Of course, it takes time to qualify for the class of license required to drive a school bus, and the county has some strict personnel requirements and vetting. (All of which I heartily endorse.) It may be there are applicants in the works, but it will take time to get them on-stream, but there is a general driver shortage in the US, and not just for public transportation. (The general shortage isn’t pandemic related, either. Just exacerbated. props to @Grey_Devil - pay is mentioned in the article, though as usual the last point for a FPC.)

(edited for clarity)


My deepest sympathies and great respect to her. Teachers are an undervalued resource, and I’d happily double my property tax to pay them what they deserve.


I’d initially thought maybe the reason they were having trouble finding adequate drivers was that some businesses rebounding from Covid were competing heavily for workers and offering better pay and poaching the usual bus driver pool. Which might be part of it.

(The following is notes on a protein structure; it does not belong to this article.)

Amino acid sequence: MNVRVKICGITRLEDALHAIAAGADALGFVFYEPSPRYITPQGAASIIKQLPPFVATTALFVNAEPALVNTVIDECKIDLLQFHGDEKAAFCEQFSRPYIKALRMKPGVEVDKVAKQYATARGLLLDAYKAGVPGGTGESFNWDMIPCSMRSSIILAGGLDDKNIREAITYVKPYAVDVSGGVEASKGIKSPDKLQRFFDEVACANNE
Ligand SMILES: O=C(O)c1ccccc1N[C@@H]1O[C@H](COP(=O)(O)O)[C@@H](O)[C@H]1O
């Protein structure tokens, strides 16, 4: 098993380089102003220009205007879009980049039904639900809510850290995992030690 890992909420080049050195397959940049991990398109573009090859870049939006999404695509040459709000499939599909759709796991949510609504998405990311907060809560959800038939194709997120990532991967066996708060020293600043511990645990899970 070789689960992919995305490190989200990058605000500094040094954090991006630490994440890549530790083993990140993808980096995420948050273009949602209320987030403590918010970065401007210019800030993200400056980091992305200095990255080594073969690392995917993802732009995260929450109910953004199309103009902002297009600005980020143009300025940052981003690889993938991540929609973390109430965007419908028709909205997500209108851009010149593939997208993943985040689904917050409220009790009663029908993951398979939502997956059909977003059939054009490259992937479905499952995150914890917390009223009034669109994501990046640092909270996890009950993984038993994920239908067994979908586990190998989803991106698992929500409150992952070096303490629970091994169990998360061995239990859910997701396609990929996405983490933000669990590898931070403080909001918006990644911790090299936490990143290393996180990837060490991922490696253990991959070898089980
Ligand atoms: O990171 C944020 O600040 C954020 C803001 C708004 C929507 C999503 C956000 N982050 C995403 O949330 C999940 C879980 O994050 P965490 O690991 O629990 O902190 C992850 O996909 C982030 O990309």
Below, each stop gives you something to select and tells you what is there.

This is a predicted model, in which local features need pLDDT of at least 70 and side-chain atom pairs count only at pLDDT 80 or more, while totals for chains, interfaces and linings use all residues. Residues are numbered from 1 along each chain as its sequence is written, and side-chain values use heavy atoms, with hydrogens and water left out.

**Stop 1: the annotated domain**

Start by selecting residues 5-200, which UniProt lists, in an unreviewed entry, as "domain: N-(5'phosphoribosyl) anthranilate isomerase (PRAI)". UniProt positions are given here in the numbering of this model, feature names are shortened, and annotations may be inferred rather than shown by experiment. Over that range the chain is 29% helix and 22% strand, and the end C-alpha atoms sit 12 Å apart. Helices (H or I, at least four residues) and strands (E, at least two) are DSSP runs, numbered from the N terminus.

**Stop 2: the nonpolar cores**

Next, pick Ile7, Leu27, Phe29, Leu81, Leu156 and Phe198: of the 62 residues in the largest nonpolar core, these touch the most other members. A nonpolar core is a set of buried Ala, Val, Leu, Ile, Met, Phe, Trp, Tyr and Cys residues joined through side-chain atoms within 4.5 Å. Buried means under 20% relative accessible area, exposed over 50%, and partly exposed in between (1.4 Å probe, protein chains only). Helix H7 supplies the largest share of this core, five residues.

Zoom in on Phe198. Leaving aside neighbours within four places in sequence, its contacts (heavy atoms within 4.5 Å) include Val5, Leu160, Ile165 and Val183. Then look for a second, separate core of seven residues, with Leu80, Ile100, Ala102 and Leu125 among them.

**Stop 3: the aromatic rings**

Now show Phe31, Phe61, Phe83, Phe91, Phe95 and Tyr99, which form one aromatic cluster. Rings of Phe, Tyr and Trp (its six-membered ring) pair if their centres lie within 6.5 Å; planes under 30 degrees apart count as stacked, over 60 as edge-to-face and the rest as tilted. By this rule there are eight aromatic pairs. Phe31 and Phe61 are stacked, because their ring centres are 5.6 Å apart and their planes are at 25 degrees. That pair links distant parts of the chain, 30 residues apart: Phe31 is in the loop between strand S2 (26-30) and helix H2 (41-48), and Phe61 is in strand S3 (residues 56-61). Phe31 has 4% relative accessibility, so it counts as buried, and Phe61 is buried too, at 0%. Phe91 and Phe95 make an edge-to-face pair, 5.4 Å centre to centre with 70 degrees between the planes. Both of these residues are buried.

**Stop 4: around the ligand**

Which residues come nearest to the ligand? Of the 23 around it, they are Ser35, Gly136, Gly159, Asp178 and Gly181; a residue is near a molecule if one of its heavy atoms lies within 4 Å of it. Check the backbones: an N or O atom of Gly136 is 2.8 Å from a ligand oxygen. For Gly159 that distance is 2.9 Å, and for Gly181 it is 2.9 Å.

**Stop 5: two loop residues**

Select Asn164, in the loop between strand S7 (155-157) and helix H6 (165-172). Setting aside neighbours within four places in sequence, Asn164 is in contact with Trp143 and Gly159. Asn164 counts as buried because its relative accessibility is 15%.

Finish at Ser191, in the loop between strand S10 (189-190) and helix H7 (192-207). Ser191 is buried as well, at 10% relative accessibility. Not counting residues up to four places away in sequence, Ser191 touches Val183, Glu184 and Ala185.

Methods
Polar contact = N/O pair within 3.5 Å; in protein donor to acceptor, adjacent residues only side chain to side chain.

But someone recently suggested that a bunch of Boston bus drivers were Haitian, and had returned to Haiti to try and help after the recent disasters there. Which, if true, wouldn’t surprise me as being a factor as well.


This is true, but merely exacerbated by the plague, not caused by it. A while ago TPTB decided to get bus drivers off the school staff rolls and contract that out. We’ve had staffing problems ever since.
Wisely (huge /s) “they” then decided to go the same route with local ambulances. Super awesome. Free market and all that. :roll_eyes: